No, I’m not regular but I do it every day. If I do it well it usually happens when I have a free afternoon and the light is right. I write in bed with my cats if I feel evil. Or I go to the Hart House Library (hot tip). I’m newly obsessed with how unhealthy writing tends to be, how much ruminating, drinking coffee and alcohol, scrunching the body. No wonder it can get a bit morose and tortured. I want my writing to be embodied so I try to get into the body with meditation, stretching, music. Sex if I’m feeling committed. The only thing I don’t like about the library is I can’t do Wheel Pose without inhibition. My best advice to writers is to take care of your body. It moves your head. So, note to self, get out of bed.
11 - When your writing gets stalled, where do you turn or return for (for lack of a better word) inspiration?
The world is too much with me and I’m chronically over- rather than understimulated, but I guess if I feel confused I read, let the notes come out of my head, return.
12 - What fragrance reminds you of home?
Boys. All my past and current homes. Even when I lived with my best girlfriend, but then it smelt like patchouli too.
13 - David W. McFadden once said that books come from books, but are there any other forms that influence your work, whether nature, music, science or visual art?
I love to draw and I find ease there, probably because it’s more in conversation with myself and less others so I have less responsibility. The freedom of association in that kind of mark making, the immediacy of emotion in a line, taught me a lot about what’s important to me in writing and in general. In art school I only wrote ekphrastically and I think the care of conveying the world while surrendering to its mystery (artists hate having their work explained but need it to be described) comes from there.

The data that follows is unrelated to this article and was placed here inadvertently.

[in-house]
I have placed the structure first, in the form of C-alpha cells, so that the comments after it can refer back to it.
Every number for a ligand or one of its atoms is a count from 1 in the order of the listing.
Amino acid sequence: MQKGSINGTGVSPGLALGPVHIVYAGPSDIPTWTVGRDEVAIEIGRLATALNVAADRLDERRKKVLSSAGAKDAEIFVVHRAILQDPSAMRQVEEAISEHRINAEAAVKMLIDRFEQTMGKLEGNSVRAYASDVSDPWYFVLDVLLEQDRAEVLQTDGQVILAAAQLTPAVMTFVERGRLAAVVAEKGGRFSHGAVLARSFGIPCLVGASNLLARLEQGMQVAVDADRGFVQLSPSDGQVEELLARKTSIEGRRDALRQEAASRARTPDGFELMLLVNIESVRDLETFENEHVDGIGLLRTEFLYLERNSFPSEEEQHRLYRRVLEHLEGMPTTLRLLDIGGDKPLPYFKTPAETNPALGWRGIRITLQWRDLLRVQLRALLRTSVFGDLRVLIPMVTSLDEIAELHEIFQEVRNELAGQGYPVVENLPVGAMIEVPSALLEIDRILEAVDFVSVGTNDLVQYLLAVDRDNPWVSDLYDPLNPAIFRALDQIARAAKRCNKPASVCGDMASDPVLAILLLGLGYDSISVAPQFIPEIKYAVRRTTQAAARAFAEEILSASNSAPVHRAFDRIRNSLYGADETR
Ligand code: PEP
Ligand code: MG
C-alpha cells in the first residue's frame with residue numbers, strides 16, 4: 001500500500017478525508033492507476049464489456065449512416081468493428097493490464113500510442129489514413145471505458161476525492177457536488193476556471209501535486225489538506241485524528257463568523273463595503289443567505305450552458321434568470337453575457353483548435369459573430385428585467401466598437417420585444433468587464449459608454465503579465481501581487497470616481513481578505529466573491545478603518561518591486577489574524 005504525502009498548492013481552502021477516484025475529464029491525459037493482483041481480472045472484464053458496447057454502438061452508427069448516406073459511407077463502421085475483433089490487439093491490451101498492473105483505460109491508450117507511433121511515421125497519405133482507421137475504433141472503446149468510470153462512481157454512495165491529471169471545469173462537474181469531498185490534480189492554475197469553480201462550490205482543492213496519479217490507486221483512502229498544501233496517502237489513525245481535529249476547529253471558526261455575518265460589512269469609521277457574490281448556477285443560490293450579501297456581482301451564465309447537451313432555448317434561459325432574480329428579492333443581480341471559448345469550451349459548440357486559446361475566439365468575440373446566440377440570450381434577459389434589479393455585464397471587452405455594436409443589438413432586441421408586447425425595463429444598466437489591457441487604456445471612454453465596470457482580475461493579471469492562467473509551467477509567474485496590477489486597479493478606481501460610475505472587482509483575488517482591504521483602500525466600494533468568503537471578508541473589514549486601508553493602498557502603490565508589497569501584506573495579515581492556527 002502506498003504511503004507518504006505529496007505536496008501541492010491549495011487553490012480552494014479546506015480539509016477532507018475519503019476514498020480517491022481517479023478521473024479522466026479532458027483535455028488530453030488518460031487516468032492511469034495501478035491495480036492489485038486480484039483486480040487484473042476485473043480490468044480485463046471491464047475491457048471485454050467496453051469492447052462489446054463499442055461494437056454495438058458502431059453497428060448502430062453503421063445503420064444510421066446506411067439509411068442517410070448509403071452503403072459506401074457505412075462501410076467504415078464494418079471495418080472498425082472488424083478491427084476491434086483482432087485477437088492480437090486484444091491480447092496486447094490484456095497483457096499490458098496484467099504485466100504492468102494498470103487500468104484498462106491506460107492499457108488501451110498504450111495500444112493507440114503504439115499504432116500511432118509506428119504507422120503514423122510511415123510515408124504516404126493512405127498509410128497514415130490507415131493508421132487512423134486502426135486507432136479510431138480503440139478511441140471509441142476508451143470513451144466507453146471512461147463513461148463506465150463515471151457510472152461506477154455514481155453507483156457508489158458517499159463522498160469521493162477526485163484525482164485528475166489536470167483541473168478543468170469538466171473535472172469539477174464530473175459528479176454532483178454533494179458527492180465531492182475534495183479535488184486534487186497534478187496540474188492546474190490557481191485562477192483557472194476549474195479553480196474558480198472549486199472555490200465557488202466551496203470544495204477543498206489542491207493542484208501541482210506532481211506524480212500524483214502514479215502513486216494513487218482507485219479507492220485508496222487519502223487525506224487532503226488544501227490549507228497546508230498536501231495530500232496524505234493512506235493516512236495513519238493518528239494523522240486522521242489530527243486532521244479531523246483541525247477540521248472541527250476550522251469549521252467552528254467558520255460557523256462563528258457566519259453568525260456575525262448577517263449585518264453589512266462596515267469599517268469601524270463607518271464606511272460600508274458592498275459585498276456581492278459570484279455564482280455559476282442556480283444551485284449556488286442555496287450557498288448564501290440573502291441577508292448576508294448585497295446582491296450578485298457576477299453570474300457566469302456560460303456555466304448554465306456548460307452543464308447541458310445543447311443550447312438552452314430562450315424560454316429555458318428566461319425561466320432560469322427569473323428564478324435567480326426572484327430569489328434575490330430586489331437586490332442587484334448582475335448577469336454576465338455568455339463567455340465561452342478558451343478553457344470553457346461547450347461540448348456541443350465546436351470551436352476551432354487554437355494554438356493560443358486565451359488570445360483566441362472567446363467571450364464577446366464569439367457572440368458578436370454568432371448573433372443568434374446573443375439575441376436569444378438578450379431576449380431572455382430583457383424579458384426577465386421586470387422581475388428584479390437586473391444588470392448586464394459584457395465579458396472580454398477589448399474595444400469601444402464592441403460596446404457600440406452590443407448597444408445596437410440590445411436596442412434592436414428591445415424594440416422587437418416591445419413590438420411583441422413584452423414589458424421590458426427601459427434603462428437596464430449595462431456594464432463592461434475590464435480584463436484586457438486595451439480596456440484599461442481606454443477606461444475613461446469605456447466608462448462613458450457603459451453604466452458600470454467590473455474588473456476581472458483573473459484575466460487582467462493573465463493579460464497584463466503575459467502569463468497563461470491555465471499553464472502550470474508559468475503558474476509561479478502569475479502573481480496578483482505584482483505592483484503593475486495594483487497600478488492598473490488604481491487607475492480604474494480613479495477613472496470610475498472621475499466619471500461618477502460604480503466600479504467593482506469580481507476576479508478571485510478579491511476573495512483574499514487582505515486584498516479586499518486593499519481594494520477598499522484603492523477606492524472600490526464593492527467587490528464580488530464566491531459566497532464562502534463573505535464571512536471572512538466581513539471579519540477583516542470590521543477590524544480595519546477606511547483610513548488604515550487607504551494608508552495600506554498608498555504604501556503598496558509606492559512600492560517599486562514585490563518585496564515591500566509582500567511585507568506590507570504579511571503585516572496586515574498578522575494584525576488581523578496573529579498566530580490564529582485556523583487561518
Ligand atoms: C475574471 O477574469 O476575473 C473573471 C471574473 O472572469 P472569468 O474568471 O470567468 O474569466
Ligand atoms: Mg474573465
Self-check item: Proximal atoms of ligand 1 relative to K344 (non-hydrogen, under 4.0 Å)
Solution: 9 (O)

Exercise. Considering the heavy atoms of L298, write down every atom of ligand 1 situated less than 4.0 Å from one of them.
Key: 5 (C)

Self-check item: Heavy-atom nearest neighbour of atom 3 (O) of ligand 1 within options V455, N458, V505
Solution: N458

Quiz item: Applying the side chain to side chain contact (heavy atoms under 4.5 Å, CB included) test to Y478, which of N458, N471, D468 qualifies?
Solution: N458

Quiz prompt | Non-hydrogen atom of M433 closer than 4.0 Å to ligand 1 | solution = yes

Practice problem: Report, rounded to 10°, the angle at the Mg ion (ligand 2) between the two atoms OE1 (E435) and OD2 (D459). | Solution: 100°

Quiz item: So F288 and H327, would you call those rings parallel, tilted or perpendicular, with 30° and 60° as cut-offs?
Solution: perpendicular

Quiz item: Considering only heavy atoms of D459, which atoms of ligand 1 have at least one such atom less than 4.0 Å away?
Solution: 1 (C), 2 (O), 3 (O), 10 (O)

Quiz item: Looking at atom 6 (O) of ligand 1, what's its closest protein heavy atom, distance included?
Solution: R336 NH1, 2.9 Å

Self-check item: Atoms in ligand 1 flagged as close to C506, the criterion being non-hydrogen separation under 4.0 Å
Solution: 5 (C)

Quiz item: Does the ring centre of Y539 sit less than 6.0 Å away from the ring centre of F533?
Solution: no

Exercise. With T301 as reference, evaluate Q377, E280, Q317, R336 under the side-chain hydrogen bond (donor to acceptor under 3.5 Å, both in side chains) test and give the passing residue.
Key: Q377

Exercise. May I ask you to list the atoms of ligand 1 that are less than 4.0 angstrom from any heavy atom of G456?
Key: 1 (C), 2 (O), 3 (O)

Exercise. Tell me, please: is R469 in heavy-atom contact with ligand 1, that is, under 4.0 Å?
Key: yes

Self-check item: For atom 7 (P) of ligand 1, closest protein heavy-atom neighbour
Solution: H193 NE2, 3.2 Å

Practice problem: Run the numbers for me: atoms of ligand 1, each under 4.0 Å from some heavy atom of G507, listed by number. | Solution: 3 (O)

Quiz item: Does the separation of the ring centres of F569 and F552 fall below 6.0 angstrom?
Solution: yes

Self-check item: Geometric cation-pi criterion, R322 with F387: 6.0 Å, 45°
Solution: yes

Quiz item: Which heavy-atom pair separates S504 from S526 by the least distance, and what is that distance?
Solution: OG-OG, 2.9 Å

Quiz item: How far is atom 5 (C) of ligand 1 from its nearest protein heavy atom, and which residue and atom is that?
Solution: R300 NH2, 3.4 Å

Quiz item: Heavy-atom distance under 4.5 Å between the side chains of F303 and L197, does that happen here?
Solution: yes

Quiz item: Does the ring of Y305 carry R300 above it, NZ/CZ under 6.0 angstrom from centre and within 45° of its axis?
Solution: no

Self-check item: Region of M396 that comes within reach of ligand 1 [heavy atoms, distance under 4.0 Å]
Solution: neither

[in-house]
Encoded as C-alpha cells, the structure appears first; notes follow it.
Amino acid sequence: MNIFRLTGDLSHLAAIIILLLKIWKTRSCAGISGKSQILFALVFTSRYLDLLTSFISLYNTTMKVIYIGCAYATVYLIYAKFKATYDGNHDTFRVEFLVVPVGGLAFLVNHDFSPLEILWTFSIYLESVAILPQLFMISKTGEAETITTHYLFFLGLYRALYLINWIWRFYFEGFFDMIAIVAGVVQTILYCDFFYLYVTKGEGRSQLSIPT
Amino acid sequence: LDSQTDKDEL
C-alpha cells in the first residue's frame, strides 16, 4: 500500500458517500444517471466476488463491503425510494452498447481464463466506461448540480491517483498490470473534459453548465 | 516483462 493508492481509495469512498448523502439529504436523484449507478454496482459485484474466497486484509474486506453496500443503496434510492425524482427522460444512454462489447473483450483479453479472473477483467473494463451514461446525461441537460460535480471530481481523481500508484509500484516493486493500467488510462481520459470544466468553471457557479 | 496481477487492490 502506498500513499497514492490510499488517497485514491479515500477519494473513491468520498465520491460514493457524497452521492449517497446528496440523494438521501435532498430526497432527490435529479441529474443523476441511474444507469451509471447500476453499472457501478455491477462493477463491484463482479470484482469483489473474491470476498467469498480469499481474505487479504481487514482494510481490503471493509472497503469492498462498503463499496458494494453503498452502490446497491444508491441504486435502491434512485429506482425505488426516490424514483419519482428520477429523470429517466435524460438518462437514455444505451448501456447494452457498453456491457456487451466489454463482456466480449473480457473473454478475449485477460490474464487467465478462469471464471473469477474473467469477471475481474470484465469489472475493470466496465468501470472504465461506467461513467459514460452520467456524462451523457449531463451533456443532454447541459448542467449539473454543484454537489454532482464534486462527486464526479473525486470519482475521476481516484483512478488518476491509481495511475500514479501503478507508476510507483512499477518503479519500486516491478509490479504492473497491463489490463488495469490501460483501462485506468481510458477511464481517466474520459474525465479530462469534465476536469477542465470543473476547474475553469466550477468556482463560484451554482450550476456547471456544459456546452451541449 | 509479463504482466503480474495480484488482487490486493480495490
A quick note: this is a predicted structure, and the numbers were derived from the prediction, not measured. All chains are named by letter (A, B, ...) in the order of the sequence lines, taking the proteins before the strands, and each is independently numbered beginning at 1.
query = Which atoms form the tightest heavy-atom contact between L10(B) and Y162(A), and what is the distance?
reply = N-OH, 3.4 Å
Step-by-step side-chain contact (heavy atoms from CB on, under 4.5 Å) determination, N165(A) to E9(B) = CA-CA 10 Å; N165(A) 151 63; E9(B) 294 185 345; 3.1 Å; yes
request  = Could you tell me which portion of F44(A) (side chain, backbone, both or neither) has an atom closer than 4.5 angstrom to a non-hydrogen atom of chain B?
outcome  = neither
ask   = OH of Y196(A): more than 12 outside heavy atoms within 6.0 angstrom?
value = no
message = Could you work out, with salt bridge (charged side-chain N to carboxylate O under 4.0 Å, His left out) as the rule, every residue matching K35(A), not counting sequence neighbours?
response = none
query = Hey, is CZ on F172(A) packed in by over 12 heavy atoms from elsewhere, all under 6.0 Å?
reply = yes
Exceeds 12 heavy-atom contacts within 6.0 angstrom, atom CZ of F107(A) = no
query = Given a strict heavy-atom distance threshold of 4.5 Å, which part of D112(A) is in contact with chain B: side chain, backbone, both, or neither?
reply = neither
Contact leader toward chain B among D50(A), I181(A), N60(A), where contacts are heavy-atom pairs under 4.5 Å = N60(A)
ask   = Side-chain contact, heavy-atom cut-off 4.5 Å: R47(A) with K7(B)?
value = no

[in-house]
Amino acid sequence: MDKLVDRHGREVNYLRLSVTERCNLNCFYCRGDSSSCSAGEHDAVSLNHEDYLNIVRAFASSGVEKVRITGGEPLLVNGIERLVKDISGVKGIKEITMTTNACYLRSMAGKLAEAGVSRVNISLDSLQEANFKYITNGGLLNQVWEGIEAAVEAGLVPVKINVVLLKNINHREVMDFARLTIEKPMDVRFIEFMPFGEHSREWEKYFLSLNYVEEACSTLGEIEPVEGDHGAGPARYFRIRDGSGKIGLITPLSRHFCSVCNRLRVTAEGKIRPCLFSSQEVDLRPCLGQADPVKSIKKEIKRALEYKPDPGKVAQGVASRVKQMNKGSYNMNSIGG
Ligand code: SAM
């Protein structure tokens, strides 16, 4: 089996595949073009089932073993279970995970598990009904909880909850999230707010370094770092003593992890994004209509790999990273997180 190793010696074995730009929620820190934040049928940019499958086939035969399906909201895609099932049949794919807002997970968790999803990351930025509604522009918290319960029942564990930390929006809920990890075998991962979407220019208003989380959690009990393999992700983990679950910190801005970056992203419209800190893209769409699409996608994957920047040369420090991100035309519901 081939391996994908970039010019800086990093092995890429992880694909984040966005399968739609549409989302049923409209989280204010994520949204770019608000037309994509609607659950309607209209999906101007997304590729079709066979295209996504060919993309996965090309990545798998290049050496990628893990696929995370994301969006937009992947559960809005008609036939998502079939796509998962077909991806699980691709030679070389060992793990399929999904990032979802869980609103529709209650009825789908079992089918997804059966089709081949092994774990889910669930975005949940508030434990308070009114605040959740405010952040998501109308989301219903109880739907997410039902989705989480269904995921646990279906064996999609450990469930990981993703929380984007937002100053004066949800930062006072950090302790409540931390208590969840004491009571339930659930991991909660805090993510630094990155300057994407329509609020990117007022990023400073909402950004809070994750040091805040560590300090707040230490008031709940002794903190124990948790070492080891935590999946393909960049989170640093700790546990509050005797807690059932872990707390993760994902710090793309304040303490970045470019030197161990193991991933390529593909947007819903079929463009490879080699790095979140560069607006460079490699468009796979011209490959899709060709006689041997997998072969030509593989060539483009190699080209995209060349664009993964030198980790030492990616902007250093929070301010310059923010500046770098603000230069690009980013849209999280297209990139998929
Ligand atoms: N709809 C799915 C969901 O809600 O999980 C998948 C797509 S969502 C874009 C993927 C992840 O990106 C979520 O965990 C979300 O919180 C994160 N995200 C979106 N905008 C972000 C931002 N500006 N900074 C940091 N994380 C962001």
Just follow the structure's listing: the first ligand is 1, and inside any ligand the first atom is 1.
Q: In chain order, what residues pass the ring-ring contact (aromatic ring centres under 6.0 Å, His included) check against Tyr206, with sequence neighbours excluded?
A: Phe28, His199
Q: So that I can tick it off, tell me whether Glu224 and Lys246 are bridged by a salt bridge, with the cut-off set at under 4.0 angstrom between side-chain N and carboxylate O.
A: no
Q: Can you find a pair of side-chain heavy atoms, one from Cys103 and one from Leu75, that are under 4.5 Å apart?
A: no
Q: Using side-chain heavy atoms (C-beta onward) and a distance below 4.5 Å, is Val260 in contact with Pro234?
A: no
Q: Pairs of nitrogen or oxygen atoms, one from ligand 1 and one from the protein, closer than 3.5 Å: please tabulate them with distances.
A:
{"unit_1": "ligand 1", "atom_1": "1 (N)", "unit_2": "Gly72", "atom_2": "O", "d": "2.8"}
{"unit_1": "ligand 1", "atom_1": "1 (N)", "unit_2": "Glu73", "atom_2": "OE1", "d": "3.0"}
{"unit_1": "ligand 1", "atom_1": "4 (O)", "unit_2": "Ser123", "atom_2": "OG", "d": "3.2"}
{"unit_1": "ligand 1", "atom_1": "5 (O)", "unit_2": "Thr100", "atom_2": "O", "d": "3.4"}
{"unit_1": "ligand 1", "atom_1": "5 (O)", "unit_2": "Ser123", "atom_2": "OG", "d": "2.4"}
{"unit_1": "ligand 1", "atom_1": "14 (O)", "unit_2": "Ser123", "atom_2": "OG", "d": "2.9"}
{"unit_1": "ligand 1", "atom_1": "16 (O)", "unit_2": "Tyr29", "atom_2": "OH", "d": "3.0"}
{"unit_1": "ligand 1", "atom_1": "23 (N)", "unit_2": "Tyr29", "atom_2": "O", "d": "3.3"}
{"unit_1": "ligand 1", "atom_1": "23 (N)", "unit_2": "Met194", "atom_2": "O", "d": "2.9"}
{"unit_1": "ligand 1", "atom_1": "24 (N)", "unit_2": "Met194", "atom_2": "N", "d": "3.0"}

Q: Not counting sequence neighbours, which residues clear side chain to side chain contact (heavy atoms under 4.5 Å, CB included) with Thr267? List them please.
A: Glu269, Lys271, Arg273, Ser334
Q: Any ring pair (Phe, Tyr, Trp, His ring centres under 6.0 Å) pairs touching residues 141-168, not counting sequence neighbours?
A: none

14 - What other writers or writings are important for your work, or simply your life outside of your work?
I’m reading very distractedly since I started working in a bookstore, but writers I carry around with me (quite materially) are Eileen Myles, Joshua Whitehead, Liz Howard, Dionne Brand, David Wojnarowicz, John Wieners, Renee Gladman, Tamara Faith Berger, Hannah Black, Aisha Sasha John, Prathna Lor, Lucy Ives, Lucy Ellmann, Shiv Kotecha. Kafka, Berlant, Sedgwick, Davis, Carson, Dickinson, Woolf, Weil. Notley, Mayer, Niedecker. Woof.
15 - What would you like to do that you haven't yet done?
Reflecting on that list, read more work in translation, read more work from the ancient world.
16 - If you could pick any other occupation to attempt, what would it be? Or, alternately, what do you think you would have ended up doing had you not been a writer?
A helping profession for sure. I used to have a lot of guilt about the arts, now I feel like they’re one side of a call and response. I still feel like my most instructive experiences are listening to or caring for people. Reading is like the desultory, or preparatory way of doing that. Writing at its best distills something from all different kinds of experiences, alchemizes, offers something weird and ripe. I’m not sure about that mirror-to-the-world metaphor, if it offers a clear picture. It’s more like cultural production is a twisted, distinctive little farm grown in the soil of experience, the compost of living. I believe in it a bit more now, I believe that my connected experiences came from reading as much as anything else.
17 - What made you write, as opposed to doing something else?
I love to draw but I’m in my thirties now and I think I’ll have a lifelong struggle with the substance of the world, with caring about lasting materiality, with the value of objects and the realities of bureaucracy and money. That eliminates a lot of professions and visual artist is one of them. Writing has cheap overhead and needs no storefront. And it can be joyful.
18 - What was the last great book you read? What was the last great film?
Darryl by Jackie Ess. I’m loving the new season of Couples Therapy. That show is nuts.
19 - What are you currently working on?
Mothers and daughters, fathers and sons, poetry about everything, and my daily Psychic Lectures: https://psychiclectures.substack.com